Main conclusion that man is descended from some lower form--Manner of development--Genealogy of man--Intellectual and moral faculties--Sexual Selection--Concluding remarks.

A brief summary will be sufficient to recall to the reader's mind the more salient points in this work. Many of the views which have been advanced are highly speculative, and some no doubt will prove erroneous; but I have in every case given the reasons which have led me to one view rather than to another. It seemed worth while to try how far the principle of evolution would throw light on some of the more complex problems in the natural history of man. False facts are highly injurious to the progress of science, for they often endure long; but false views, if supported by some evidence, do little harm, for every one takes a salutary pleasure in proving their falseness: and when this is done, one path towards error is closed and the road to truth is often at the same time opened.

The main conclusion here arrived at, and now held by many naturalists who are well competent to form a sound judgment, is that man is descended from some less highly organised form. The grounds upon which this conclusion rests will never be shaken, for the close similarity between man and the lower animals in embryonic development, as well as in innumerable points of structure and constitution, both of high and of the most trifling importance,--the rudiments which he retains, and the abnormal reversions to which he is occasionally liable,--are facts which cannot be disputed. They have long been known, but until recently they told us nothing with respect to the origin of man. Now when viewed by the light of our knowledge of the whole organic world, their meaning is unmistakable. The great principle of evolution stands up clear and firm, when these groups or facts are considered in connection with others, such as the mutual affinities of the members of the same group, their geographical distribution in past and present times, and their geological succession. It is incredible that all these facts should speak falsely. He who is not content to look, like a savage, at the phenomena of nature as disconnected, cannot any longer believe that man is the work of a separate act of creation. He will be forced to admit that the close resemblance of the embryo of man to that, for instance, of a dog--the construction of his skull, limbs and whole frame on the same plan with that of other mammals, independently of the uses to which the parts may be put--the occasional re-appearance of various structures, for instance of several muscles, which man does not normally possess, but which are common to the Quadrumana--and a crowd of analogous facts--all point in the plainest manner to the conclusion that man is the co-descendant with other mammals of a common progenitor.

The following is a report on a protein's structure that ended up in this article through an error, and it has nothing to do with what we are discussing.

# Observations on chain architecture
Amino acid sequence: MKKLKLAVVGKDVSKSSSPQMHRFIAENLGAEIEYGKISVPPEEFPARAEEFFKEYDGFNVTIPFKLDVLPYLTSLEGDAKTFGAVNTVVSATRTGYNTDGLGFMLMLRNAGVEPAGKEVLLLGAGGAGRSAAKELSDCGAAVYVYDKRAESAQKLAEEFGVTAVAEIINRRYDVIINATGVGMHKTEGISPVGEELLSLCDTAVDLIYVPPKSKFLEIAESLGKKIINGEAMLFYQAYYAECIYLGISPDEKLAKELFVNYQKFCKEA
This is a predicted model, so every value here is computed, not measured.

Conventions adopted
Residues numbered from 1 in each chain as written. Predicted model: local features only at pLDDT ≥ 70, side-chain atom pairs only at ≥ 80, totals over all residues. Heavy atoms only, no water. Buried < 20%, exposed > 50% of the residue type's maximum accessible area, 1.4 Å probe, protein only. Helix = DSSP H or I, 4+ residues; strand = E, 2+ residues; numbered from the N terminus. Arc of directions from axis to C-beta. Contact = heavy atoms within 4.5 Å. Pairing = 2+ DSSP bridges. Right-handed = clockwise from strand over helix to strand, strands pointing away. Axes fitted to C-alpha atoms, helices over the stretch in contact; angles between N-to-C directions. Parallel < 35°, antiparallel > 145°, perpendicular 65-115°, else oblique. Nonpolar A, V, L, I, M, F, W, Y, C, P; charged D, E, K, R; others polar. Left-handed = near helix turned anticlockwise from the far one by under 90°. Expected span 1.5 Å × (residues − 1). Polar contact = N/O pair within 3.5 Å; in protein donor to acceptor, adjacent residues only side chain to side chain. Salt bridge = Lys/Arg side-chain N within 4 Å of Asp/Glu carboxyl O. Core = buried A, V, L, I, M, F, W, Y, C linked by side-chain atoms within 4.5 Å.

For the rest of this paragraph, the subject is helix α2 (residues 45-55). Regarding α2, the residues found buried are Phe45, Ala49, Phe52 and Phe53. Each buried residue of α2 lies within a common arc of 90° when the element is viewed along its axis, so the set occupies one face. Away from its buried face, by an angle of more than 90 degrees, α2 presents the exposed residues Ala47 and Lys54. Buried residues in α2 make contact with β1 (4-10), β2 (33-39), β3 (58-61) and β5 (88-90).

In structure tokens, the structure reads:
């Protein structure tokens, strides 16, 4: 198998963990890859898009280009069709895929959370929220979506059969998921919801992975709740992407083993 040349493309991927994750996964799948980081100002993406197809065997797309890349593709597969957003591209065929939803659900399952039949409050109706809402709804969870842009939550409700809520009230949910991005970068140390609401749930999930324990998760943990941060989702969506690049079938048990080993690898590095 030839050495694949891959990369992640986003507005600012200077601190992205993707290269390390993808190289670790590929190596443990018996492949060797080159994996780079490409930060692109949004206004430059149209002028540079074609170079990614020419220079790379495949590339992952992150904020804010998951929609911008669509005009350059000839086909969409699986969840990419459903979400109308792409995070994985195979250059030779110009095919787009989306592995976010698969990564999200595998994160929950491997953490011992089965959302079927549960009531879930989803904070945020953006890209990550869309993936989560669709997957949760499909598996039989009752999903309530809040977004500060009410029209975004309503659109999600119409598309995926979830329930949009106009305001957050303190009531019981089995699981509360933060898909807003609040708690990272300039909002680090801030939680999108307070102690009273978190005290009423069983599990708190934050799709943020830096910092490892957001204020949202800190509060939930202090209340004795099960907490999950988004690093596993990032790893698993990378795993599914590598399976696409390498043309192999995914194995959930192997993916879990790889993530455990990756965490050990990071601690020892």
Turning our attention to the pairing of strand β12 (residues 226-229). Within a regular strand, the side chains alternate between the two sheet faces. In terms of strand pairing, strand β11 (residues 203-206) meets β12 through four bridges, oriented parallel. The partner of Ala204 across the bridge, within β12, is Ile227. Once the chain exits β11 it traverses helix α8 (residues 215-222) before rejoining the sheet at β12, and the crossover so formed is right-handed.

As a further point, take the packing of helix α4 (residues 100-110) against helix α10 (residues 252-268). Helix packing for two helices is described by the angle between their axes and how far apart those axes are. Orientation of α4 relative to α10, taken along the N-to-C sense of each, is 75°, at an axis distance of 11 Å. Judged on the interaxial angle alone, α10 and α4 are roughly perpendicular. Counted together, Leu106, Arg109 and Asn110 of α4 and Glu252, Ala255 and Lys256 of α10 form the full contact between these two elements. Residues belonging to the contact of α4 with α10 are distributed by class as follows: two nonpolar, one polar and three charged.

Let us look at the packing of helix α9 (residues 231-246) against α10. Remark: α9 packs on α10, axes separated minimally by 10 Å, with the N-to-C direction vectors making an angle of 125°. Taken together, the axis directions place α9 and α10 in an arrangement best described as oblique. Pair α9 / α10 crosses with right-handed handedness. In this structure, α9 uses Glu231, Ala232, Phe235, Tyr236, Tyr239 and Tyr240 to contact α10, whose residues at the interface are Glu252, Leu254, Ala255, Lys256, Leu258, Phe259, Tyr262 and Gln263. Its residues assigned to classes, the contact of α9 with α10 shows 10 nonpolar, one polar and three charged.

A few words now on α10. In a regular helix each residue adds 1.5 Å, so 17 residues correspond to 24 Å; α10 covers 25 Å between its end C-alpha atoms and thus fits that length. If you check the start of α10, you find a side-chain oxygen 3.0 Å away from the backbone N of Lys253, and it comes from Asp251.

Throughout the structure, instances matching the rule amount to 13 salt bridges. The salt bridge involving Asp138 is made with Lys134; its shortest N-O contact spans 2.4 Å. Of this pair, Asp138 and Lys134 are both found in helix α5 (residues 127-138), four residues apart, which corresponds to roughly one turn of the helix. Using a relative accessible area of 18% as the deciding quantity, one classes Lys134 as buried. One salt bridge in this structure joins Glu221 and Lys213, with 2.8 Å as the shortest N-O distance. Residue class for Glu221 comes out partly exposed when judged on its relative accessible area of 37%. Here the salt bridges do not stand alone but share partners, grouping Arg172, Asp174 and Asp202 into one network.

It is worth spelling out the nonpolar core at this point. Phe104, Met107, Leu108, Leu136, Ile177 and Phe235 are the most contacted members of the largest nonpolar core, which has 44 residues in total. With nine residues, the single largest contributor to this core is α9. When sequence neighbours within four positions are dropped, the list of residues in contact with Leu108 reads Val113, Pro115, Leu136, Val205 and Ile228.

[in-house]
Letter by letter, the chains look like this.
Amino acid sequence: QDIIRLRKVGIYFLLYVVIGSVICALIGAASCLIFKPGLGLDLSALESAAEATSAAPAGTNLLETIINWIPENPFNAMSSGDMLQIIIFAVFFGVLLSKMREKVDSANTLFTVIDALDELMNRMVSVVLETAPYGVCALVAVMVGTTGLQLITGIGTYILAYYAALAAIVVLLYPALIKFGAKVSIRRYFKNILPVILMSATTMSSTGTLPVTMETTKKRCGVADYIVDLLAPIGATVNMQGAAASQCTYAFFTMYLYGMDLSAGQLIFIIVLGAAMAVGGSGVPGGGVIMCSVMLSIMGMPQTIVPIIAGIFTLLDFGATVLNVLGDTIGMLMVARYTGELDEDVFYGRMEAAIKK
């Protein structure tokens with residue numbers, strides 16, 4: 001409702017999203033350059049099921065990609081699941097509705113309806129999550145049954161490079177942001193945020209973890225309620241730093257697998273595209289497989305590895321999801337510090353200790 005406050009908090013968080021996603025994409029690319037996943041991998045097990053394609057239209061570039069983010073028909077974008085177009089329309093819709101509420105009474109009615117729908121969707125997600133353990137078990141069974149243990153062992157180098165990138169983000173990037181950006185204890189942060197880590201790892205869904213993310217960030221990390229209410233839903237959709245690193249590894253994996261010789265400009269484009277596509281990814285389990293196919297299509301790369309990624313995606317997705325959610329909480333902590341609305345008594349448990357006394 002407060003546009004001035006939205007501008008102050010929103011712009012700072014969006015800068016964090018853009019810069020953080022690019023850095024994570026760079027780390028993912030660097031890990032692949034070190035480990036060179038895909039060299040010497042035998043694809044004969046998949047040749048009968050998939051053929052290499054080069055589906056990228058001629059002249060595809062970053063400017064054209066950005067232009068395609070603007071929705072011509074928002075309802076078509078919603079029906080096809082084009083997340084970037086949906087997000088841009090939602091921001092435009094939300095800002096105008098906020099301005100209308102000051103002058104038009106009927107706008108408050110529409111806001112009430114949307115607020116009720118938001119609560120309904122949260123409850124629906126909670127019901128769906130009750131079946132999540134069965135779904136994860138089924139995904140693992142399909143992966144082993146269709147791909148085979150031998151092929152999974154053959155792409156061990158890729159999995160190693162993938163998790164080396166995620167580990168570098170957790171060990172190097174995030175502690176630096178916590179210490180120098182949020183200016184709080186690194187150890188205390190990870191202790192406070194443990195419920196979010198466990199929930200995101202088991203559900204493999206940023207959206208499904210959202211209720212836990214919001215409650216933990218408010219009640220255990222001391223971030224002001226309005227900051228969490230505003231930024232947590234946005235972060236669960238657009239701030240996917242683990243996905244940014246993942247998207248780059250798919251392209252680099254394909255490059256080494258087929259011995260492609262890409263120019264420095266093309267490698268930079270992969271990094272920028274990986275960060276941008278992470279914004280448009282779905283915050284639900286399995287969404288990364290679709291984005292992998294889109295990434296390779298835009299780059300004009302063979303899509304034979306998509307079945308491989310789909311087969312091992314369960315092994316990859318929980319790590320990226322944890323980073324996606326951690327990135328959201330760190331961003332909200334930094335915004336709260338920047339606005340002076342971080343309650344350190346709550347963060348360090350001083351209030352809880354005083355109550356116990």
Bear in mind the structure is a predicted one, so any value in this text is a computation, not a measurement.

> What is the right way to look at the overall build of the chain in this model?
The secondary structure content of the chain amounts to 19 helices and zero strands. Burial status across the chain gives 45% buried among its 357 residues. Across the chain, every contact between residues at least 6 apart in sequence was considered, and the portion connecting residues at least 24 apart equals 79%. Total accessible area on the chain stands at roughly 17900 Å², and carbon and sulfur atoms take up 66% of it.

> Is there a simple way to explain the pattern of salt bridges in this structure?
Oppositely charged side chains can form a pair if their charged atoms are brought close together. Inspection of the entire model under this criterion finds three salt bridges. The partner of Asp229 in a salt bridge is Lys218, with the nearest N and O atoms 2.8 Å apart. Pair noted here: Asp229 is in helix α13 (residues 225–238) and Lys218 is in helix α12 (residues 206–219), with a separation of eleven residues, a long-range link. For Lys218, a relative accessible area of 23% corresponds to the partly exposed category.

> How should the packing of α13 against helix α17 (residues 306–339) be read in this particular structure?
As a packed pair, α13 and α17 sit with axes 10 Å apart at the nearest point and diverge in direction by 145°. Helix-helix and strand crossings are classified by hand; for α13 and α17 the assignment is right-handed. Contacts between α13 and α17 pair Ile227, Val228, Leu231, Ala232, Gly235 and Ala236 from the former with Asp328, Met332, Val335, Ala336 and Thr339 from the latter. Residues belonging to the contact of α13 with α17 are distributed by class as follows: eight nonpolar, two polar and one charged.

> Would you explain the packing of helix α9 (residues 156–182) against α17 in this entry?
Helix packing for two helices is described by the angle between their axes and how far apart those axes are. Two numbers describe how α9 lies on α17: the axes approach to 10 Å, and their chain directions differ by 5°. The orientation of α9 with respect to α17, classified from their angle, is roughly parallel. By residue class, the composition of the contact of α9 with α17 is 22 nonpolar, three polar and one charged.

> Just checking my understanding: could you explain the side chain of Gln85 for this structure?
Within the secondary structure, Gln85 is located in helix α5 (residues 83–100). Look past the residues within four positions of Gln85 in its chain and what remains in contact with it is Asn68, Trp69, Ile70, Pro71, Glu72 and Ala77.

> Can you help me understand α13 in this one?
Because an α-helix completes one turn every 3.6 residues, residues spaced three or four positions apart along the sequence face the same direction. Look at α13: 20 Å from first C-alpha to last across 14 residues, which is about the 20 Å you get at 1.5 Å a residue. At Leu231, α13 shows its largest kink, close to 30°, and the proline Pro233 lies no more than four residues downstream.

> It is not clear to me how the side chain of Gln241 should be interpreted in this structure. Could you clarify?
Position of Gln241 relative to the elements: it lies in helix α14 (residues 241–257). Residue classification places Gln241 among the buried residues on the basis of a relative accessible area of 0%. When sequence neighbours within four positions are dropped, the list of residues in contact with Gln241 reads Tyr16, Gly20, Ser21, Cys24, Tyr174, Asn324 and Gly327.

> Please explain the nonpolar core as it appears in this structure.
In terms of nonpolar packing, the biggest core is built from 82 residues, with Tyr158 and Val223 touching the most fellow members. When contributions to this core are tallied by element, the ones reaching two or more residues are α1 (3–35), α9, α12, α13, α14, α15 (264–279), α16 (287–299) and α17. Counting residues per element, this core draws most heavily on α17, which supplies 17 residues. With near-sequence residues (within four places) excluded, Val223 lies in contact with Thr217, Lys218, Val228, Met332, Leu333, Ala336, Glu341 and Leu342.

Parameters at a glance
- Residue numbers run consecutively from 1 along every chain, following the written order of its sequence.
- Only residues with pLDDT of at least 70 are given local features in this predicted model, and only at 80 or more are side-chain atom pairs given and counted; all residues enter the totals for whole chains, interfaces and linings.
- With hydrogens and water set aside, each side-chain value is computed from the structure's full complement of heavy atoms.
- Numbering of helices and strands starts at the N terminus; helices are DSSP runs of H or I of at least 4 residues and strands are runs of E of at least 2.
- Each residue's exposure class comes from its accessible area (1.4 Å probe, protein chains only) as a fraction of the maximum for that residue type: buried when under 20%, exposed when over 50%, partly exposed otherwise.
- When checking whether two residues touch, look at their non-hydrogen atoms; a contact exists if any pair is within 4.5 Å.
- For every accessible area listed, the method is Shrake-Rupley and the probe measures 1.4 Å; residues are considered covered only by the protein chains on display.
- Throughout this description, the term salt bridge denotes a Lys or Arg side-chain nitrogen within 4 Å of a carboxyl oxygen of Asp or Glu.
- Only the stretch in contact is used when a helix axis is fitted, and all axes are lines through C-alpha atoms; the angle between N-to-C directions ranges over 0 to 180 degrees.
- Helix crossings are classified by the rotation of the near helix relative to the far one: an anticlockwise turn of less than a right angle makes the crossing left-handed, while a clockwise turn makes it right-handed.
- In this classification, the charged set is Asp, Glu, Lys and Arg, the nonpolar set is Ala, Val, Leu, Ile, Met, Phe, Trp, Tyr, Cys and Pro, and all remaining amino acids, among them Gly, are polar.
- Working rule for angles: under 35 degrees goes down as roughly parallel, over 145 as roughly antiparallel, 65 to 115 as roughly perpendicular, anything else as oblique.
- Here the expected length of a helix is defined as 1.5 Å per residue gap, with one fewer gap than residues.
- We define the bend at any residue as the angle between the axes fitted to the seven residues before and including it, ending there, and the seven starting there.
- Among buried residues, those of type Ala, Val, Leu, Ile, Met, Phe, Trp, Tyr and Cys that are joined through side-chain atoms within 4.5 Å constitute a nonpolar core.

We have seen that man incessantly presents individual differences in all parts of his body and in his mental faculties. These differences or variations seem to be induced by the same general causes, and to obey the same laws as with the lower animals. In both cases similar laws of inheritance prevail. Man tends to increase at a greater rate than his means of subsistence; consequently he is occasionally subjected to a severe struggle for existence, and natural selection will have effected whatever lies within its scope. A succession of strongly-marked variations of a similar nature is by no means requisite; slight fluctuating differences in the individual suffice for the work of natural selection; not that we have any reason to suppose that in the same species, all parts of the organisation tend to vary to the same degree. We may feel assured that the inherited effects of the long-continued use or disuse of parts will have done much in the same direction with natural selection. Modifications formerly of importance, though no longer of any special use, are long- inherited. When one part is modified, other parts change through the principle of correlation, of which we have instances in many curious cases of correlated monstrosities.

Charles Darwin

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